On the day before Remembrance Day, a ceremony will be held in Yarmouth to help mark a major anniversary for the region’s oldest cadet corps while remembering a local soldier who a decade ago lost his life in Afghanistan.
The focal point of the afternoon will be the presentation of a commemorative coin that, on one side, recognizes the 115th anniversary of the 110 Royal Canadian Army Cadet Corps and, on the other, bears a picture of Sgt. Kirk Taylor, who, in late December 2009, while serving in Afghanistan, died in a bomb blast that also killed three other Canadian soldiers and a Canadian journalist.
At the Nov. 10 event at the Yarmouth armouries, coins will be presented to each member of the 110 Royal Canadian Army Cadet Corps and to members of the 84th Independent Field Battery, of which Sgt. Taylor had been a member.
Capt. Gary Hudson, commanding officer of the 110 Army Cadets, said he is very pleased with the coin.
“It came out very well,” he said. “It’s well done. Kirk’s picture came out beautifully. Just very good workmanship.”
The coin was designed and produced by SGS Marketing in Alberta. Four-hundred of them were struck and most have already been sold. Each sells for $20 and a few will be available for purchase Sunday after the ceremony.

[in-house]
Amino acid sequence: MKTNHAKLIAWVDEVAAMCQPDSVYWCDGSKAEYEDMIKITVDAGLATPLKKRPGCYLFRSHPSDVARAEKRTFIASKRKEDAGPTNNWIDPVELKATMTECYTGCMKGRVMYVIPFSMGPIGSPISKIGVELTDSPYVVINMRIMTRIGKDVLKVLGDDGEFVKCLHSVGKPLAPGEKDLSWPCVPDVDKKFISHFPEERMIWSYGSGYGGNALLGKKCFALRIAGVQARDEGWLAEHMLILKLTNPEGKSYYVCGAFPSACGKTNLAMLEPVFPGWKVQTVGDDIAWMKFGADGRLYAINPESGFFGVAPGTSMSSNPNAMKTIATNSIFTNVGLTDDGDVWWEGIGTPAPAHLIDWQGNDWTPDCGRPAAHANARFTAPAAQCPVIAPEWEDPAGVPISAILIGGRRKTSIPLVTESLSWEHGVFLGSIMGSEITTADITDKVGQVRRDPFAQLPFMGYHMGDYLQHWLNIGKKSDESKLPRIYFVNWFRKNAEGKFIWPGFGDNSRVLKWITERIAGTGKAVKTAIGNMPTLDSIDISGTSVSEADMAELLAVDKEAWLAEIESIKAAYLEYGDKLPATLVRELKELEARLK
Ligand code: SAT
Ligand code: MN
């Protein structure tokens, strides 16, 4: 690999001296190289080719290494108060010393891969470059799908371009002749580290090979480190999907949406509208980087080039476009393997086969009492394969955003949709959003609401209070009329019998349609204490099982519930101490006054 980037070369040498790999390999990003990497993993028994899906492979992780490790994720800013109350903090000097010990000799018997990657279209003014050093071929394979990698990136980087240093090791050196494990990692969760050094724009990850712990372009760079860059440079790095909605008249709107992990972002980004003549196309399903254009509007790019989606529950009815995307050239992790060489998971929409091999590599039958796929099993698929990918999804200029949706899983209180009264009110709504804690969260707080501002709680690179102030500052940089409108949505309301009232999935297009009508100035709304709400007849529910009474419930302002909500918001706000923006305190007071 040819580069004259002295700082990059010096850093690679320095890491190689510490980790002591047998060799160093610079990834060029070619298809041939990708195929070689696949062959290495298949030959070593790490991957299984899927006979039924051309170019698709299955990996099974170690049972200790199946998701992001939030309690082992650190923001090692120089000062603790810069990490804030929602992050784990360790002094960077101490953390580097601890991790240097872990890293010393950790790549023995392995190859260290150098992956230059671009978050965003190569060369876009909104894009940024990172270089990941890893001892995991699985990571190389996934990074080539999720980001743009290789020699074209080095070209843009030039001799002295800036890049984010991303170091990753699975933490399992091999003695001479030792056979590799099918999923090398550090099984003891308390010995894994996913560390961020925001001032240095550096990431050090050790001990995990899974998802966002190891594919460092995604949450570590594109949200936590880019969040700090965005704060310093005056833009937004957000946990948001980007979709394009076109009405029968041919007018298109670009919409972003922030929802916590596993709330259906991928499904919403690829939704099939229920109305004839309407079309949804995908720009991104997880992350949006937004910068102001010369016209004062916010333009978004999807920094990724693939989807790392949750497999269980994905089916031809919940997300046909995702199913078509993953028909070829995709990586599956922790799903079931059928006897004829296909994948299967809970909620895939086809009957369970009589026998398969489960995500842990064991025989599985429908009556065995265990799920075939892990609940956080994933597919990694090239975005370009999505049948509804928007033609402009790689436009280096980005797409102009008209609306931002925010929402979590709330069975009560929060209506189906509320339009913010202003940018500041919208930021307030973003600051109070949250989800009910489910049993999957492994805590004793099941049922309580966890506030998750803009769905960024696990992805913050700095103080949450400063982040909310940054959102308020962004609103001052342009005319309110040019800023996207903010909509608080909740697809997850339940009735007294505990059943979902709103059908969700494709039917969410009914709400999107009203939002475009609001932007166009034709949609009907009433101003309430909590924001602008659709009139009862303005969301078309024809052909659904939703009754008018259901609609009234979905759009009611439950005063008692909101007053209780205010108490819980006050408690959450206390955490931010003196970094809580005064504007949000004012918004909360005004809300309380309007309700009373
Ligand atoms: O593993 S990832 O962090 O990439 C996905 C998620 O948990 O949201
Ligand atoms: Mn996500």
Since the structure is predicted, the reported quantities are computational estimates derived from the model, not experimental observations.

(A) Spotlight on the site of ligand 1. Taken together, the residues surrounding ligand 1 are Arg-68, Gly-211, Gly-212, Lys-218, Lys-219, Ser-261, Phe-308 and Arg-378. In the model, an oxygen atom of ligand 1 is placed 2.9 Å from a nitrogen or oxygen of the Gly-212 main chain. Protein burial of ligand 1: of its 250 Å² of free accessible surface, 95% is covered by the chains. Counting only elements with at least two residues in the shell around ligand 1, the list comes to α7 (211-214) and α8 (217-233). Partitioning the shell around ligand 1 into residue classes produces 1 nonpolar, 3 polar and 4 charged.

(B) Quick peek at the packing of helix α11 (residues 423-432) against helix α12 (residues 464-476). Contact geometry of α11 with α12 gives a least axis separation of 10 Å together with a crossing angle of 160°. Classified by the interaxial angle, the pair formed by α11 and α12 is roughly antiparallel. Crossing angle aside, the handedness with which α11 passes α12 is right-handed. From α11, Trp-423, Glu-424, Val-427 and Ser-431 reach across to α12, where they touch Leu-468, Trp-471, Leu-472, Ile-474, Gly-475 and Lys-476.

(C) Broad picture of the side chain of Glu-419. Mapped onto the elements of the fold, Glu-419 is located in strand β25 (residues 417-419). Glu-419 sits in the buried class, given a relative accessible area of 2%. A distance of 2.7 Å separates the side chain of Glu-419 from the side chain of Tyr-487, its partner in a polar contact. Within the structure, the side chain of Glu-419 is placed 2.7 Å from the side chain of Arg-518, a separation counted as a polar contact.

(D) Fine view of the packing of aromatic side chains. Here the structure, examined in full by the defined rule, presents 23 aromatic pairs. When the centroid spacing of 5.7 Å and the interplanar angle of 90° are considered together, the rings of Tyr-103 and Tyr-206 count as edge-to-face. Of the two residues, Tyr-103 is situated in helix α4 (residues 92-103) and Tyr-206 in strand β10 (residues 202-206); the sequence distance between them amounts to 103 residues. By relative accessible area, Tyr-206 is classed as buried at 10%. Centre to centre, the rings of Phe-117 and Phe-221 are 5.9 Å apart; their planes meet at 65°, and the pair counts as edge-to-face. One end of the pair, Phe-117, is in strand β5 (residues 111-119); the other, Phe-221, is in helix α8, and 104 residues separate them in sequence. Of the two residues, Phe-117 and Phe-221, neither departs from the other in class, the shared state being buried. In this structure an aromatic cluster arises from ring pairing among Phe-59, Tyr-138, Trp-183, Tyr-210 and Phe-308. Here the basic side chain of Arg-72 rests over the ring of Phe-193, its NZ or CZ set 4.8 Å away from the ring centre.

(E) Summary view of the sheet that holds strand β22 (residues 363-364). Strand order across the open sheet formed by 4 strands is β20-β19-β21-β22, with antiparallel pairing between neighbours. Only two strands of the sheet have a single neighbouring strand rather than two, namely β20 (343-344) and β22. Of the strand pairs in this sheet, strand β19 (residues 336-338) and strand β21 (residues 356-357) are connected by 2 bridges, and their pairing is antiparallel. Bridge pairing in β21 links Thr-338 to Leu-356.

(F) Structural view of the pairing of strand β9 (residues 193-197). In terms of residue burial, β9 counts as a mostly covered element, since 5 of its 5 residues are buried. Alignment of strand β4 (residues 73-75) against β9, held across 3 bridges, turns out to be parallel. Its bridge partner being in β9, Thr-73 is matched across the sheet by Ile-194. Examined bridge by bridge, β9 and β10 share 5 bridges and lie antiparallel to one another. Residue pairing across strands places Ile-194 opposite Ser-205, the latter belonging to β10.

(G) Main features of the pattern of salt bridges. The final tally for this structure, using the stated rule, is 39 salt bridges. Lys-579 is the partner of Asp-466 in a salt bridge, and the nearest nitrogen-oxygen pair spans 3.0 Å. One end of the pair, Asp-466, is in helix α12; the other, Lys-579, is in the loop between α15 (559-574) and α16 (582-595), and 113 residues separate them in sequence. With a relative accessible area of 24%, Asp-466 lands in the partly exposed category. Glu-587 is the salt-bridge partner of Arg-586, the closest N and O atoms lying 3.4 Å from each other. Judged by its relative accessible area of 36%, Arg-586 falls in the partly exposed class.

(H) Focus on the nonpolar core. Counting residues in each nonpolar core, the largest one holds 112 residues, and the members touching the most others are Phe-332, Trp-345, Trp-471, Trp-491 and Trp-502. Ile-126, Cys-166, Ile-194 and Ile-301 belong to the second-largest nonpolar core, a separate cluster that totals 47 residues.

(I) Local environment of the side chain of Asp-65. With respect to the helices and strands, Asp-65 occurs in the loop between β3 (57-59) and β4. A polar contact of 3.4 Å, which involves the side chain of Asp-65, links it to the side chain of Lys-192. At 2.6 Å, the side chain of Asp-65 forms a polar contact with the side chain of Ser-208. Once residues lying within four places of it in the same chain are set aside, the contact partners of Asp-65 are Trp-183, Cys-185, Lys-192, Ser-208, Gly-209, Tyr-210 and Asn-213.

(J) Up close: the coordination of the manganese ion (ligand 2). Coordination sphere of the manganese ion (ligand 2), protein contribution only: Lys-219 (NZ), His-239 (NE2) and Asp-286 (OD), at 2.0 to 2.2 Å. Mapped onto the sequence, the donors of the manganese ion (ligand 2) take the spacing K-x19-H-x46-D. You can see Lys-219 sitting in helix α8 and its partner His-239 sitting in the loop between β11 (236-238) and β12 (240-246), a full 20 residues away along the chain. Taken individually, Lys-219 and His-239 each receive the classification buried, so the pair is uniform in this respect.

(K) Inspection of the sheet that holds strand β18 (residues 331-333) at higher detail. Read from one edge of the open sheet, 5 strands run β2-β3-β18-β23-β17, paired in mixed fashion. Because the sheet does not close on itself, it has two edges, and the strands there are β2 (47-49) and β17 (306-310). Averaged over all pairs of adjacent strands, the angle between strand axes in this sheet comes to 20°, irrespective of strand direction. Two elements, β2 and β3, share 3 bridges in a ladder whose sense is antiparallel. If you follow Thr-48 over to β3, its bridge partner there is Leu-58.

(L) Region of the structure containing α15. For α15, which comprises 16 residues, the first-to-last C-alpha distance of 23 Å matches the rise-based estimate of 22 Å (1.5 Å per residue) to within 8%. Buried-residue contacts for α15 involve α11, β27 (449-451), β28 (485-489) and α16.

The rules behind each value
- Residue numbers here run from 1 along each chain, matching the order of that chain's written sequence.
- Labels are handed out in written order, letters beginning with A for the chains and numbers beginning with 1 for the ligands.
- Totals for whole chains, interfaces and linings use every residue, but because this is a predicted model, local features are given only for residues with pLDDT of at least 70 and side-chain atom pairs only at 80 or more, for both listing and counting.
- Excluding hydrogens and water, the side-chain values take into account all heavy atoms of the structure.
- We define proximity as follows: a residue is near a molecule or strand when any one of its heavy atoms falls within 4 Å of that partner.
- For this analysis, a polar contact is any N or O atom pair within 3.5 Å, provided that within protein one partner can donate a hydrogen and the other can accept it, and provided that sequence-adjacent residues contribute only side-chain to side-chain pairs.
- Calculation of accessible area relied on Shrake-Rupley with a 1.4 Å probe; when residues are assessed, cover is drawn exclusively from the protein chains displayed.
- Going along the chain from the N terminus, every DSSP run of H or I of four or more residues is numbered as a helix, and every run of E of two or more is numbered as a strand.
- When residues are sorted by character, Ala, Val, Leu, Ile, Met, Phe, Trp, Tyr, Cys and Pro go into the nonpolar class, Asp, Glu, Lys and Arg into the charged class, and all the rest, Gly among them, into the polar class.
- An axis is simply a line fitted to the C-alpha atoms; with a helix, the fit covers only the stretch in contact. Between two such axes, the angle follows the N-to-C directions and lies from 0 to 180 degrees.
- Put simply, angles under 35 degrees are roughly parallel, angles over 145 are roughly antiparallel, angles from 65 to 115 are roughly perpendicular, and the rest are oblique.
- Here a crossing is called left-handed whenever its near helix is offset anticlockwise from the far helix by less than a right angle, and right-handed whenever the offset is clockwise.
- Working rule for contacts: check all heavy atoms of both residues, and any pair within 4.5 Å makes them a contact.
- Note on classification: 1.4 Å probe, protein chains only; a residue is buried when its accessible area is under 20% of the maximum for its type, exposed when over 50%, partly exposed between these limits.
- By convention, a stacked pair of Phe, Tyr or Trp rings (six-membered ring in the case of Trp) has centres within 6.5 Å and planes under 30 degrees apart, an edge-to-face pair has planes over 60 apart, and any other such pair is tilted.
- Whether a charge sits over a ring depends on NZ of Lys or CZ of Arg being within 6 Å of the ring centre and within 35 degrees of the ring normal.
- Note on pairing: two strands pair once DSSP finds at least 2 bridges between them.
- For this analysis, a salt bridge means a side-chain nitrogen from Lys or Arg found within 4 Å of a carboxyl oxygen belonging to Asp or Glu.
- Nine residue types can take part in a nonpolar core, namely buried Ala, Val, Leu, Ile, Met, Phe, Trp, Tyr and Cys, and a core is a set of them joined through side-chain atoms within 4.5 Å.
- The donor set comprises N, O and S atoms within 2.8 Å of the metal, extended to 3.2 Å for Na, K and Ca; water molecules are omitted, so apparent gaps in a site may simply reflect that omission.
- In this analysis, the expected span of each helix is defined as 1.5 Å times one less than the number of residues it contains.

Hudson recalls chatting with John Doucette, who serves as a liaison between the 110 Army Cadets and the Wedgeport legion – the cadets’ sponsoring body – about wanting to so something special this year to mark the cadets’ 115th anniversary. It also occurred to him it was coming up on 10 years since Kirk Taylor’s death. They decided to look into having a coin done.
“We started looking into where we could get the coin made,” Hudson said, “and we got ahold of this company and (they) came back and said, ‘yes, we would like to have the opportunity to do it.’ We sent them the information, kind of what we were looking for ... They went ahead and had the coin struck so we could have a look at it and once we saw it, we said, ‘yeah, that’s exactly what we want.’”
Kirk Taylor had been a sea cadet, but he had a great relationship with the 110 Army Cadets, said Hudson, who remembers “as if it was yesterday” hearing the sad news of Taylor’s death in Afghanistan in 2009.
The side of the coin bearing Taylor’s image includes the inscription “In memory of those who served in war and peace. We will remember them.”
Meanwhile, Hudson hopes this year’s anniversary of the 110 Royal Canadian Army Cadet Corps – the oldest cadet corps in Atlantic Canada – will help draw attention to the cadets, how they have served the community and how they offer great opportunities for young people.
“I just don’t mean army cadets,” he said. “I think any cadet program they’re in is a benefit to them and it’s a free program.”